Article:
If we are to think about the mission of God in an ongoing sense, we need to consider issues such justice and reconciliation, care for creation and the things that make for flourishing of communities. How do we see and understand God’s presence and action in the world, particularly in the face of suffering, environmental degradation, and inequality?
Telling of the goodness of God. Telling people about what Jesus has done in your life. Being a witness is an important part of the NT. In the Old Testament there was a call to nations to come to God and worship him. The NT the call is now for the people of God to go and tell all nations about him.
For Paul it is clear he understood his call to go beyond just being a witness to being a minister who had a priestly duty to proclaim the gospel of God (Romans 15:16) and to preach it in places where Christ was not known. The call wasn’t simply to go around being nice to people but to explain and challenge people to respond to the message of Jesus.
As Lesley Newbiggin said, “mission is those activities directed to the task of bringing into existence an authentic witness to Christ.”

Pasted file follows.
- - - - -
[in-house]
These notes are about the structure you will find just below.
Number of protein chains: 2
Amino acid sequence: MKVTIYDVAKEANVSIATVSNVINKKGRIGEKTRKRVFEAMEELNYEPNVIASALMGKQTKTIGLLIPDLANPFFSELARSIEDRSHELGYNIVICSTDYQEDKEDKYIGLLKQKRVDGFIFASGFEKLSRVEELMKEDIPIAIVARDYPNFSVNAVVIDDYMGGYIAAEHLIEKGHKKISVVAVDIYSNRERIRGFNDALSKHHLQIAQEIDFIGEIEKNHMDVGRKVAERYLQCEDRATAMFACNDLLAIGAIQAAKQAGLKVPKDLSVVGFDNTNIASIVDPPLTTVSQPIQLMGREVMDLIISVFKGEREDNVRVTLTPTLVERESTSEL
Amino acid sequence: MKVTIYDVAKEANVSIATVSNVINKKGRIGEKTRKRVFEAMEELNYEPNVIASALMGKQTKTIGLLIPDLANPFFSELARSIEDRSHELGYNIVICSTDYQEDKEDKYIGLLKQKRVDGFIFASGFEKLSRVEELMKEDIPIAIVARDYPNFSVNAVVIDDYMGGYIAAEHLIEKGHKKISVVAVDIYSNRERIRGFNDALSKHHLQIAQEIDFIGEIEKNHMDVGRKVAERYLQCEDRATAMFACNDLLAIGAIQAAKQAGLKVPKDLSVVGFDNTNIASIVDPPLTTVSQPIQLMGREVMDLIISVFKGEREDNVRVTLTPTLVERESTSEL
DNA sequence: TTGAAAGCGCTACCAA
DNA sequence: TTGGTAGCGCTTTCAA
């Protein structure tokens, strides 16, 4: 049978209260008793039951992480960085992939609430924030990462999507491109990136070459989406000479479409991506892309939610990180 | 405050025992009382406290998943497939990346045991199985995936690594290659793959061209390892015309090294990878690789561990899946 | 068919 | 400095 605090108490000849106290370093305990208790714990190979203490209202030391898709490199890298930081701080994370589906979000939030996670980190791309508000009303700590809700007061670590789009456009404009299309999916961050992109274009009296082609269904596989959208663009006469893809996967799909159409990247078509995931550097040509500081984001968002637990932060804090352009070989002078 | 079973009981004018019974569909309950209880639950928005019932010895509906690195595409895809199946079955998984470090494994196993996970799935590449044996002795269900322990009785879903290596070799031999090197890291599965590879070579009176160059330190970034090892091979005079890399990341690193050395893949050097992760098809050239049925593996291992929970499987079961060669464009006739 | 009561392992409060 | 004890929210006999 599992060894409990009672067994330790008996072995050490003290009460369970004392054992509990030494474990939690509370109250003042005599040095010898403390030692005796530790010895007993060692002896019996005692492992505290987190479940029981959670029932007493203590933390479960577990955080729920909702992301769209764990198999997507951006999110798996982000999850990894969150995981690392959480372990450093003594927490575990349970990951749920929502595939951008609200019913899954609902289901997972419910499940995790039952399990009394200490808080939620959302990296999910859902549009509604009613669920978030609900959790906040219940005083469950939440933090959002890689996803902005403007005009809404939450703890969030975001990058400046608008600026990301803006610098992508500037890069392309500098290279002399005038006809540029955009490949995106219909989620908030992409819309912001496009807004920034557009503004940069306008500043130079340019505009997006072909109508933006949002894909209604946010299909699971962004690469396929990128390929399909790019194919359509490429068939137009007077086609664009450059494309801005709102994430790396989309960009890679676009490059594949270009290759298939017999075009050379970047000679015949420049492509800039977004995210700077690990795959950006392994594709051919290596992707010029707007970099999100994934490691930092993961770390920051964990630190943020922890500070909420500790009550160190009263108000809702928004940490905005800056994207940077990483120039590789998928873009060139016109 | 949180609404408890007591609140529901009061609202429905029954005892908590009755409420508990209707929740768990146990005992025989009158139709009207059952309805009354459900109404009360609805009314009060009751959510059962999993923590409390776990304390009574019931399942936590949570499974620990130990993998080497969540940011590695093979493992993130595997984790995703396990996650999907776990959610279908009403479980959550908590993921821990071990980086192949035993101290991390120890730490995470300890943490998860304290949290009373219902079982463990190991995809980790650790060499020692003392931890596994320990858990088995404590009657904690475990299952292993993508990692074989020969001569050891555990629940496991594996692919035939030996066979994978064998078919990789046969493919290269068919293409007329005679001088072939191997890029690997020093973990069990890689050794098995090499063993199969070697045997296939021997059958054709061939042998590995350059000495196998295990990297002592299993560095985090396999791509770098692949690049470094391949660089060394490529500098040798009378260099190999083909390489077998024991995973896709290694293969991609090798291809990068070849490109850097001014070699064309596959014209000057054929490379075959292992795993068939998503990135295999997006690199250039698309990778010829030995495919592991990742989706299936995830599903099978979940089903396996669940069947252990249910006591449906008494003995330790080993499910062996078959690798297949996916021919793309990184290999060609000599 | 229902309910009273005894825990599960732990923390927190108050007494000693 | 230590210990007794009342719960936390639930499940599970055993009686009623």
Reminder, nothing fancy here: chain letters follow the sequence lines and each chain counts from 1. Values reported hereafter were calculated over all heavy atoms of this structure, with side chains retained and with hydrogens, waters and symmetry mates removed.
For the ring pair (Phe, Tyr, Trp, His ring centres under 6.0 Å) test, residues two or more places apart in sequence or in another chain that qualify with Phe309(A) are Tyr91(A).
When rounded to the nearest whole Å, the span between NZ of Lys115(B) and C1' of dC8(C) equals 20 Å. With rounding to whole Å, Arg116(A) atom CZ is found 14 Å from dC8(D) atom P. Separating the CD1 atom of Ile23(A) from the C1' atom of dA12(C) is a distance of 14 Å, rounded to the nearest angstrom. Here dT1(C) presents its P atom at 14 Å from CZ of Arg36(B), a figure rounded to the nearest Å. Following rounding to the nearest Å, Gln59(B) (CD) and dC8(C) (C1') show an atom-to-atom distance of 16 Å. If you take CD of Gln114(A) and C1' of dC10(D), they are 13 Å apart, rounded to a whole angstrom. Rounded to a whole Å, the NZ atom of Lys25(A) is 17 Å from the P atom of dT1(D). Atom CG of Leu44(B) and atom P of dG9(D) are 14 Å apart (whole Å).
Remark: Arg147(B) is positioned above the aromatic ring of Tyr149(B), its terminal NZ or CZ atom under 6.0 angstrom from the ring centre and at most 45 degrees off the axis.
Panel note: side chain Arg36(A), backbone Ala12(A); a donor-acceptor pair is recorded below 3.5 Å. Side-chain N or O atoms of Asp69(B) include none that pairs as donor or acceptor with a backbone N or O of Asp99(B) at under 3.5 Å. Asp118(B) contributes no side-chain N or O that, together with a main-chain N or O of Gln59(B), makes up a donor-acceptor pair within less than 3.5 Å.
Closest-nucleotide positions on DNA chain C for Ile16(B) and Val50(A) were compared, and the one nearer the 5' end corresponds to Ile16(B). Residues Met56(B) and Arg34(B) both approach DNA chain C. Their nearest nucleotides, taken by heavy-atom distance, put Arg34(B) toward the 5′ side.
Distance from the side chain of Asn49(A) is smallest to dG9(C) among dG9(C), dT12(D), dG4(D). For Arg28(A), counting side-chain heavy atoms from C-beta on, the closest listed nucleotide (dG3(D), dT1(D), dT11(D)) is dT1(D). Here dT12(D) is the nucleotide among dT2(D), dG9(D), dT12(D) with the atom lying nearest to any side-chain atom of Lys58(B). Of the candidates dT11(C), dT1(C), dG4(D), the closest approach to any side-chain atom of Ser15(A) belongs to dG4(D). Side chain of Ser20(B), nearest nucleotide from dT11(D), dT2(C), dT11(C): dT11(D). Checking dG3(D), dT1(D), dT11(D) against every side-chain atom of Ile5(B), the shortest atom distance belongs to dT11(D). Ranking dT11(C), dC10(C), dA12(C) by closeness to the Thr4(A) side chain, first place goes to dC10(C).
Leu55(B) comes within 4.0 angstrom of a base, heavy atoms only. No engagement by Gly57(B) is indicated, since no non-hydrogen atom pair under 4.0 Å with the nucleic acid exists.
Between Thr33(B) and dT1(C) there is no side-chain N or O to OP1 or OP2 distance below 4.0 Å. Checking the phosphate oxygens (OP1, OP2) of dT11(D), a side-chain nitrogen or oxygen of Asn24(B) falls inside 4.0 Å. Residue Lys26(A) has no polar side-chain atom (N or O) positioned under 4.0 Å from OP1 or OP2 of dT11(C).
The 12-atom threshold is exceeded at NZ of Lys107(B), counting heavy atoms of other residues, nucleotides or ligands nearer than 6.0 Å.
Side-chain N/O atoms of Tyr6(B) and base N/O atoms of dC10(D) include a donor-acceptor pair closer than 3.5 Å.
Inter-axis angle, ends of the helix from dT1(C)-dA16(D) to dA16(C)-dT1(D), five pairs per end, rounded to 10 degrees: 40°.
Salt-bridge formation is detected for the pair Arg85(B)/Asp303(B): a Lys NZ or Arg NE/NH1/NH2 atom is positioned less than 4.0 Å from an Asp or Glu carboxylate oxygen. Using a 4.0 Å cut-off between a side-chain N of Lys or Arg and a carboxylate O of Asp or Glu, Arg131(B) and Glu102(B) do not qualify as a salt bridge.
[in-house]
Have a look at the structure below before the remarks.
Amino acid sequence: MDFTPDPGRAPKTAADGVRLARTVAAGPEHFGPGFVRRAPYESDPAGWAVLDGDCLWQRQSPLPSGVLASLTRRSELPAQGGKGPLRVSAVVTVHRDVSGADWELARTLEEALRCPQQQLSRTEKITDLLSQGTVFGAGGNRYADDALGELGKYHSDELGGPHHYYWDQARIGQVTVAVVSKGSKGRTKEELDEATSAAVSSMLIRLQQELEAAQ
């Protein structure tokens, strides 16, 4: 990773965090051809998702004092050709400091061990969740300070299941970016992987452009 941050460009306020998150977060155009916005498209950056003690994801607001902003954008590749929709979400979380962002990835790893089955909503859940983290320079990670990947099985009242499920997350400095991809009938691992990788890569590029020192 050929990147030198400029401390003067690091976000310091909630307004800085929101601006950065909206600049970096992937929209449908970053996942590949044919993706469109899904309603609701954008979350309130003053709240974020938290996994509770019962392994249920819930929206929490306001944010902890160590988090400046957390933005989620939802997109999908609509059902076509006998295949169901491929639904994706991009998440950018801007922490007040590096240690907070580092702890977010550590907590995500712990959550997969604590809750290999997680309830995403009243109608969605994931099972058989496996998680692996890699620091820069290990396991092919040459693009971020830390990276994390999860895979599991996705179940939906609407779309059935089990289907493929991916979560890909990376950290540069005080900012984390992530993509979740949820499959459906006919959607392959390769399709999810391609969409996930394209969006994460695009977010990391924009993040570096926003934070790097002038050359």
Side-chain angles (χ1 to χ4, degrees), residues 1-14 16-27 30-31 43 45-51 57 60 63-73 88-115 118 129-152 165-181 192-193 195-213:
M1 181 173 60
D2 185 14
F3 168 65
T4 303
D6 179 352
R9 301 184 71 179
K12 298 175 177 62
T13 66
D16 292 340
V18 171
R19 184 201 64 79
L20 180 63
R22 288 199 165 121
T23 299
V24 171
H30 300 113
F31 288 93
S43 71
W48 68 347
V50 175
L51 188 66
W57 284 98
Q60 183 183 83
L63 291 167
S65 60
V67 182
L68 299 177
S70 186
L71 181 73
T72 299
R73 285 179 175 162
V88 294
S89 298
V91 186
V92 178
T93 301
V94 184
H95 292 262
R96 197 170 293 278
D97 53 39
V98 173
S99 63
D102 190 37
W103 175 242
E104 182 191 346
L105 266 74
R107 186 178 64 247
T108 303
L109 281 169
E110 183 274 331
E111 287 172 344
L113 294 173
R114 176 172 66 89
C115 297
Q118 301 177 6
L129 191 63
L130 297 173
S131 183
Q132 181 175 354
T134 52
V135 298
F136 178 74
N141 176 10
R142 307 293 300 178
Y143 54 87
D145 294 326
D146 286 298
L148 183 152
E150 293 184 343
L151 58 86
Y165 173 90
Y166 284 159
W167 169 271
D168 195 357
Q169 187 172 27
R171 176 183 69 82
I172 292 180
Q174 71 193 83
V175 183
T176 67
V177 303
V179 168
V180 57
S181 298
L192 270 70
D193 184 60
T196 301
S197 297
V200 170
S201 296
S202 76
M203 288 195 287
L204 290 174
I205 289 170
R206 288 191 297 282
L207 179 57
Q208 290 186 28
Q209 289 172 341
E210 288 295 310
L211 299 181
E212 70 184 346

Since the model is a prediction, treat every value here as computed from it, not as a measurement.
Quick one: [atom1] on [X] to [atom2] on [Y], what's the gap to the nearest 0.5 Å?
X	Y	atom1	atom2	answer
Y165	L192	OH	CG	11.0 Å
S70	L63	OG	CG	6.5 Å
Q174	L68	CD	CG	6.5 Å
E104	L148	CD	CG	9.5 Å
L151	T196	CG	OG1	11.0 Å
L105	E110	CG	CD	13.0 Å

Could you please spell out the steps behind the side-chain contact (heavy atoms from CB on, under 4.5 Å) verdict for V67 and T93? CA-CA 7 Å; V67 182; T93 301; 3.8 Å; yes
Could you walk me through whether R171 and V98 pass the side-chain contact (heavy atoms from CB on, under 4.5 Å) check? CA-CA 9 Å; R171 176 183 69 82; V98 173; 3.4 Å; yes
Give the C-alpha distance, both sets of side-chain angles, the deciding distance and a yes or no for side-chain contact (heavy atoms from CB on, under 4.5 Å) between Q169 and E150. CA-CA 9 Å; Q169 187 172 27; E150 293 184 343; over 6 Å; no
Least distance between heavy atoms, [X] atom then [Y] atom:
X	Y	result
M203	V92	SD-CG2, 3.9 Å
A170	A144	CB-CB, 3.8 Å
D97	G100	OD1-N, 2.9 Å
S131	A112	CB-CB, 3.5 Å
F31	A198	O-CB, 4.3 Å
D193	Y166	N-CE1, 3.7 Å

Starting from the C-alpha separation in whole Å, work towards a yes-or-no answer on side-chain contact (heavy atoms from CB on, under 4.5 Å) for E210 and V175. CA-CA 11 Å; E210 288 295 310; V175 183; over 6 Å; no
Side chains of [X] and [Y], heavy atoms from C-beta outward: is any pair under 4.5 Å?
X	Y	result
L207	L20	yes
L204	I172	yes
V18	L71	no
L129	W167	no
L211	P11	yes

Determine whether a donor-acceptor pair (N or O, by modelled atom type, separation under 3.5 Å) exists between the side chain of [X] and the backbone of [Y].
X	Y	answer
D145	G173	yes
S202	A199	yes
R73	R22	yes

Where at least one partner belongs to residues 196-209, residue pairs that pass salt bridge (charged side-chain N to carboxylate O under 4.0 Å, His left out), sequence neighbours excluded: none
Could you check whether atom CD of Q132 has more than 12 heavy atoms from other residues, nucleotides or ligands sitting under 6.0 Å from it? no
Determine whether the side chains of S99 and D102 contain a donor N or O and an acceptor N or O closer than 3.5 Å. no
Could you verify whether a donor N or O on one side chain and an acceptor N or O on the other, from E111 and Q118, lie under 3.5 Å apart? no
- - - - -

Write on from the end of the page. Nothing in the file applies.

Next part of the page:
It is hard to define mission, but it does point us to a variety of themes in Scripture which are all related to the demonstration and explanation of God’s purposes. Our challenge is to keep them in focus. To narrow a focus on say proclaiming the gospel, leads to us not paying attention to the breadth of God’s plans and purpose. On the other hand, if everything is mission then nothing is mission.
Thinking globally. The trend in recent years for the local church to see mission as a vital component of its life and ministry is welcome. It has led local congregations to reach out to their communities and to engage them in fresh ways, serving with foodbanks, debt counselling, wellbeing cafés as well as through activities like Alpha and Christianity Explored. What can be lost in this is the need to cross cultures; both within the UK (reaching out a hand of friendship to those from other countries, partnering with churches in working class communities etc) and across the world to build up churches and the unity of the body of Christ.
As with other posts in the musing about mission series, these are notes used to create a discussion which I’ve then converted into sentences for blogging; they don’t nuance every point. At times I try to be provocative, in other moment I try to explain.